March 27, 2023
5 min read
A couple of weeks ago I made an analogy about sales and billiards. But I couldn’t let it go. The correlations just kept spilling out. So here’s a continuation of it.
When the relationships with sellers are strong, support teams can be seen as a valuable gateway to more sales opportunities. In the pool (billiards) analogy, support teams can open up a new kind of shot that couldn’t be done without them.
Think about the role of support teams as another ball in the shot-line. So now instead of a two-ball shot to the pocket, there are three.
Let's say for the sake of example that the support team is now the cue ball, the 5-ball is the seller, the 9-ball is still the customer and the corner pocket is still the sale. So it’s the support team to salesperson, salesperson to the customer, customer to the sale.
It’s a combo-shot.
This gives the seller the potential to make a shot that could not have been made before, but it's a high-precision shot.
Imagine a marketing support specialist helping a sales rep craft a focused email specific to a campaign and customer within the seller's book of business. This could open an opportunity that may not happen if the seller were to craft the email on their own. Marketing (cue ball) helps the seller (5-ball) make a connection with their customer (8-ball) to move them towards the sale (corner pocket).
Having the ability to make a combo-shot can be exciting for both the seller and the support team, but it comes with a major caveat.
Support teams are at least, once removed from the actual customer conversation.
If they are invited to play on the table, it's important to recognize that they are playing a much harder shot. One that requires unforgiving alignment. Being off slightly with the five-ball increases the error on the nine-ball shot dramatically. It multiplies the mistake.
Imagine if that marketing email didn’t highlight a campaign that was relevant to the customer, or if it felt generic or spammy.
That could hurt the perception of the seller to their customer. After all, the email looks like it's coming from the seller. That’s moving the seller further away from the customer on the table making the next shot much more difficult
Remember, the real game is always in the setup for the next shot. Combo shots are risky because if they don’t work, it often leaves a bad setup.
Knowing this, support teams need to invest time in showing, in painstaking detail, exactly how their suggestions match the shots on the seller's table.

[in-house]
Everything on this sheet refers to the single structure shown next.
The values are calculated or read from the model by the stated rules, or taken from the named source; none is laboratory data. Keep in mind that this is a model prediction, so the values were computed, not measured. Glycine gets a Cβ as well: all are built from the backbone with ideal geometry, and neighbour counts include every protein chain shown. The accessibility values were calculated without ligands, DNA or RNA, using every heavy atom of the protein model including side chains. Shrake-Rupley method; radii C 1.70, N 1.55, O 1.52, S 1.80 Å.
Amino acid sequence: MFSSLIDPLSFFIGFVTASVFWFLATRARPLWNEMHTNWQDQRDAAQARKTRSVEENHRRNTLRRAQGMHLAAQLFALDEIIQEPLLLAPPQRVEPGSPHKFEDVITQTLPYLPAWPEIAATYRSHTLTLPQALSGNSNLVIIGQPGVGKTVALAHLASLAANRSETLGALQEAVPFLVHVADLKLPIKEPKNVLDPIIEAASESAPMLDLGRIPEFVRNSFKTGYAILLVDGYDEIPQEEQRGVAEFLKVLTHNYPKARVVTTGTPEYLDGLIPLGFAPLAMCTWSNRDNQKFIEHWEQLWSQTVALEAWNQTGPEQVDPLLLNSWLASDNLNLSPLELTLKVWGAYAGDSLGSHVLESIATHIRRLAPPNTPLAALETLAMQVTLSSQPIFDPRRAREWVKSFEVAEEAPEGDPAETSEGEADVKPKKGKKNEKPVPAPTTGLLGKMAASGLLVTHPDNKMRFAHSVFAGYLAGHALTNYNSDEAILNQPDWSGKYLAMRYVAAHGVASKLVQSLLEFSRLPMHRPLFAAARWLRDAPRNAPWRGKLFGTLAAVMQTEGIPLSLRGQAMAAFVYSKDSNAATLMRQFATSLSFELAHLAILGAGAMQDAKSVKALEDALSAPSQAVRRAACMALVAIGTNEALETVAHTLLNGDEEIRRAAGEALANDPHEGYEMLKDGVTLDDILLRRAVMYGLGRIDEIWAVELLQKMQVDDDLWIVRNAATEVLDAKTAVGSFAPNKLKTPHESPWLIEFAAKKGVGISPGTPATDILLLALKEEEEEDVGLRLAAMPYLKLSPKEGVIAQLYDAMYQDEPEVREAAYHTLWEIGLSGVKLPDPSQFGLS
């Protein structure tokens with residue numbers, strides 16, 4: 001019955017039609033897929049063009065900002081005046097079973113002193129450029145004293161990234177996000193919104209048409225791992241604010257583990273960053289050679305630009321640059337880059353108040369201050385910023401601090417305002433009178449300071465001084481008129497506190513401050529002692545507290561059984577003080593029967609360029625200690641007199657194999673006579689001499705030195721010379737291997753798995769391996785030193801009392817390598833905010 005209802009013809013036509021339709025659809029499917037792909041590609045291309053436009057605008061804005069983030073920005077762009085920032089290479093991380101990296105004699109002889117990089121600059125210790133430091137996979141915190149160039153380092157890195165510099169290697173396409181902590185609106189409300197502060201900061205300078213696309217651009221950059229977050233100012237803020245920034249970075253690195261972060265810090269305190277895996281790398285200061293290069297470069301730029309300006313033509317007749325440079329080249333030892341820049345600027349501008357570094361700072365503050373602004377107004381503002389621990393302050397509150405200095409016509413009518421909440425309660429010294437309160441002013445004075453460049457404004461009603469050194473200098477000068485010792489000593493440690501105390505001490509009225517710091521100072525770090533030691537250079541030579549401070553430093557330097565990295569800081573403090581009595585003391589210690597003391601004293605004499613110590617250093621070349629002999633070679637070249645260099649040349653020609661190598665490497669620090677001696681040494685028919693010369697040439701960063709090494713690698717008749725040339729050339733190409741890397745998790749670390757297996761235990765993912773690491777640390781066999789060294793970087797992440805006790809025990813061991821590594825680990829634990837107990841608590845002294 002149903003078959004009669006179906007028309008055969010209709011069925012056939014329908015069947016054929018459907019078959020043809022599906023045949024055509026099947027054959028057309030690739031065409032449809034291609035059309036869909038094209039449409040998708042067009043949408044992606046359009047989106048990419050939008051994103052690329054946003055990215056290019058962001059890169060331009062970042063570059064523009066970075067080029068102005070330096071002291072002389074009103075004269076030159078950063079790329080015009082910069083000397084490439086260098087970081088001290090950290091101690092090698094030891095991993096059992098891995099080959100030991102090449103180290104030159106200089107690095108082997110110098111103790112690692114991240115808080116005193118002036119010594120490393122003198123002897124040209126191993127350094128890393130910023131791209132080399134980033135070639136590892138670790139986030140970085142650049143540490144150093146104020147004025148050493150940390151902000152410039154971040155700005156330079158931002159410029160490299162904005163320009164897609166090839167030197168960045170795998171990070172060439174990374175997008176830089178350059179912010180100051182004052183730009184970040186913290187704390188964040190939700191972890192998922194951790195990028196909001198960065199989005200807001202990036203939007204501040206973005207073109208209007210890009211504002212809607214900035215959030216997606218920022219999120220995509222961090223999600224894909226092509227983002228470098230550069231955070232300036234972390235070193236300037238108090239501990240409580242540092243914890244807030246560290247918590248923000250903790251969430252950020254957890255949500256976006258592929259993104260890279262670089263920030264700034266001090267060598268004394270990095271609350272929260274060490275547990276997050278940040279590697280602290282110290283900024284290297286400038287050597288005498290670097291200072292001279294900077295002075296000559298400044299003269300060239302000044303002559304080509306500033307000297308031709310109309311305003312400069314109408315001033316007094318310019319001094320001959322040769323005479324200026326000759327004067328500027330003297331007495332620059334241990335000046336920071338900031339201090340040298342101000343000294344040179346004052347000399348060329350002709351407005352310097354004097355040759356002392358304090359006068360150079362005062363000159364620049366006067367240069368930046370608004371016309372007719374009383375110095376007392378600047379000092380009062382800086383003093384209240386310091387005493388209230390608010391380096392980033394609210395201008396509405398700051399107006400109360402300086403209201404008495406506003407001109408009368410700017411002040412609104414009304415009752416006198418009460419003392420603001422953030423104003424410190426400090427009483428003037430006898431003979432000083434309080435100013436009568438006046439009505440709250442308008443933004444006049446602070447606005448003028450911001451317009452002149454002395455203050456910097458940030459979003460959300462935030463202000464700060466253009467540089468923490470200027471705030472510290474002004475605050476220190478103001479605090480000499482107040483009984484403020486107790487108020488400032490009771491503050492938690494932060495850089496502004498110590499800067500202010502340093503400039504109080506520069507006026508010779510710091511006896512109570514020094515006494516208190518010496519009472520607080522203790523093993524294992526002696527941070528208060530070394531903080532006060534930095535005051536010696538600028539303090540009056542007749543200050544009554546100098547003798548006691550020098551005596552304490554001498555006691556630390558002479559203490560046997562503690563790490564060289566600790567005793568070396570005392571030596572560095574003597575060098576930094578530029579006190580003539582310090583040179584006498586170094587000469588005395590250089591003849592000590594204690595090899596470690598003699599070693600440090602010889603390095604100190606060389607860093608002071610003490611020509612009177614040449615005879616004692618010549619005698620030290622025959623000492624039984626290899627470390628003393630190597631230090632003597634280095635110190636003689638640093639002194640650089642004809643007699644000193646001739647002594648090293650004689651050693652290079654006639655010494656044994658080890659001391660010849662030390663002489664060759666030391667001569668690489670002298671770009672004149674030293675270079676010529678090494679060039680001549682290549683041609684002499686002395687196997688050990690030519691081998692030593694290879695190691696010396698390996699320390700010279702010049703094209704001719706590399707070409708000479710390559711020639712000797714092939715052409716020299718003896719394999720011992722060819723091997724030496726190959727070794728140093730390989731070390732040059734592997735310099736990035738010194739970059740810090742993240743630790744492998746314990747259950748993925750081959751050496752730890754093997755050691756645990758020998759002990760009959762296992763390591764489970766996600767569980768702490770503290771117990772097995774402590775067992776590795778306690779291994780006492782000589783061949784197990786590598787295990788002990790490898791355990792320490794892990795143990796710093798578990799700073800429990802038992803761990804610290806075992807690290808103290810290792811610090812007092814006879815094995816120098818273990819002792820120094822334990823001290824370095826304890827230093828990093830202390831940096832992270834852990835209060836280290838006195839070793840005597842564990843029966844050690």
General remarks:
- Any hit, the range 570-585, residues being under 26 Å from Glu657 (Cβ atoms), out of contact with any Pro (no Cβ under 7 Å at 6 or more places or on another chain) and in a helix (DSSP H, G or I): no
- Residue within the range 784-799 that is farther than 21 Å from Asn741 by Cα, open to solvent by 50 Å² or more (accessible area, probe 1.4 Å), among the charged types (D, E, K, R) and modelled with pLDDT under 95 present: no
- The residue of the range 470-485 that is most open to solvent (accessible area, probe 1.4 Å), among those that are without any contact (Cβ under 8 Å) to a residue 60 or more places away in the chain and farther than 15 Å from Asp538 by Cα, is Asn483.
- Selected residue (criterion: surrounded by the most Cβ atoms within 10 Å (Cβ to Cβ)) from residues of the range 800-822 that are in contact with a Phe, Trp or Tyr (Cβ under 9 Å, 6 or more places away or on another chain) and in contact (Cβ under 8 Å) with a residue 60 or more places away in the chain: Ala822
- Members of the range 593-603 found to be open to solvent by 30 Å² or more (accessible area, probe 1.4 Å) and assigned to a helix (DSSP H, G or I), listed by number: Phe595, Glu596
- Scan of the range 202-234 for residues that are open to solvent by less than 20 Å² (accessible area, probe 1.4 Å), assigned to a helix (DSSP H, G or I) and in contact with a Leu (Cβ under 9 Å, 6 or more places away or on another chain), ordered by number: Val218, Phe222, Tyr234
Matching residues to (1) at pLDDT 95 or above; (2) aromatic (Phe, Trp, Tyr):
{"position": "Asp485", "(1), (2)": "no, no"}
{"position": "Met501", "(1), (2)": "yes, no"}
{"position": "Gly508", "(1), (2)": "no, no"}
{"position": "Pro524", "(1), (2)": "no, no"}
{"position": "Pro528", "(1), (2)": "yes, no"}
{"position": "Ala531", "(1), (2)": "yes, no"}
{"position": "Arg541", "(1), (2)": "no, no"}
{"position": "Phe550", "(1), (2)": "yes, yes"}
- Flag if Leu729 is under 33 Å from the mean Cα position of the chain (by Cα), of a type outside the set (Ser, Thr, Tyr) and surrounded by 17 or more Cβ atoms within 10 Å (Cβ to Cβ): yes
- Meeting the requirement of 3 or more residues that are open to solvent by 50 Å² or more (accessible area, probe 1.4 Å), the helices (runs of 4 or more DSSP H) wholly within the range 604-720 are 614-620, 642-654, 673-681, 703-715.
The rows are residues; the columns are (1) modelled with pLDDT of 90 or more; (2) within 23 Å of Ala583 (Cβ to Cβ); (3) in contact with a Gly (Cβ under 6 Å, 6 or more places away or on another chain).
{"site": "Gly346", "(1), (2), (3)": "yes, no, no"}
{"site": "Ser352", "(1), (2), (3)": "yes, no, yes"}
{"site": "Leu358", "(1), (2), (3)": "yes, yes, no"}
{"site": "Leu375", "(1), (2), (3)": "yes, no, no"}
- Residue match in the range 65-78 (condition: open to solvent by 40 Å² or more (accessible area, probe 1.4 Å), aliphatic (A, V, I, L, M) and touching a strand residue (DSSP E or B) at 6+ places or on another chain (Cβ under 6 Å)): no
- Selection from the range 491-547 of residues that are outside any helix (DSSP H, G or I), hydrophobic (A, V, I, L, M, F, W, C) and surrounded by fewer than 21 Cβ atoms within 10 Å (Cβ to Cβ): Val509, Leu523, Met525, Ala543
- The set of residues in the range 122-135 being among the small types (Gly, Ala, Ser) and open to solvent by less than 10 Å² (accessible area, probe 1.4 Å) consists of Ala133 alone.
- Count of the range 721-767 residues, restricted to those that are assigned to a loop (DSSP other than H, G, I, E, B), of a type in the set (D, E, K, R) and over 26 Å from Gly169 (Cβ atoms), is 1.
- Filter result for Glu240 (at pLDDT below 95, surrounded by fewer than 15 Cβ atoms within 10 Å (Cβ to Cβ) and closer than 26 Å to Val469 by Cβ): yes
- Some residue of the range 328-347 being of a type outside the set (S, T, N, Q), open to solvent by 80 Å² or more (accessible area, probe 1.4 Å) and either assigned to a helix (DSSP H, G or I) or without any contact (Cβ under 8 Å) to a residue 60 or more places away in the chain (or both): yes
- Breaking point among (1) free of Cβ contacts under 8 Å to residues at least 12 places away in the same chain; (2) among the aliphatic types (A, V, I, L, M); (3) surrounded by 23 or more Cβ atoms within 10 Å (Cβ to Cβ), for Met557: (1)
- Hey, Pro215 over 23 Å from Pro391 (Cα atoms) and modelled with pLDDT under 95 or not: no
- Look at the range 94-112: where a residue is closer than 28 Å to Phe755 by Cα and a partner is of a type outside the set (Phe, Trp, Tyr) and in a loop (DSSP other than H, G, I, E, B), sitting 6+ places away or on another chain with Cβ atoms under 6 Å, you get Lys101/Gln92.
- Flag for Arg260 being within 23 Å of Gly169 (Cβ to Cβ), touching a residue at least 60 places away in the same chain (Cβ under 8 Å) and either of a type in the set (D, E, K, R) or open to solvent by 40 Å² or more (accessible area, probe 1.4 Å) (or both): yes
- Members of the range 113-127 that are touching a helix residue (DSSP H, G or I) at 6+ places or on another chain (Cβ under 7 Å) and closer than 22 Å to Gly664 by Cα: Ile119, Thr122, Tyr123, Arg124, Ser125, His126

Present a use case for a product with an enterprise success story, and a small business seller will reject it - even if the product will work for small businesses too.
If the qualifying questions feel more appropriate for a business development manager than a front-line seller, no one will ask the questions - even if they are great questions.
If the training focuses on c-suite conversations and the sellers just work with IT and procurement, no one will attempt the conversation strategy - even if it would work for an IT manager.
If the materials say “business solutions” but the sellers focus on government - they won’t attach the materials - even if the content is also relevant to government.
It’s very difficult for them to make larger connections; in the same way, it's difficult for customers to imagine possibilities for solutions beyond what is presented.
Any slight misalignment tells the sellers “you don’t know the shots I am making.”
That's why, more often than not, sellers won’t even attempt the advice given to them.
They won’t even attempt it.
Those in supporting roles giving the “advice” need to think strategically and present it in such a way to sellers so that they believe the combo-shot can actually be executed.
How can support teams better understand the table of their sellers?
Of course, asking the sellers themselves is an important first step.
But the intent of the conversation with sellers isn’t as much about learning their business as it is relationship-building.
There are all kinds of support teams vying for sellers’ time and attention, from marketing to vendors to their own sales leaders. Each has its own agenda - which is often conflicting.
Marketing may want sellers to focus on tracking leads to a particular campaign.
Vendors want sellers to push a particular product.
Leaders want metrics lifted which may or may not help a seller's paycheck.
All claim that they are there to help sellers sell more. For that sentiment to be sincere the seller needs to know that their support teams really care about knowing their business. There is no shortcut here, it takes real conversations and 1-on-1 time.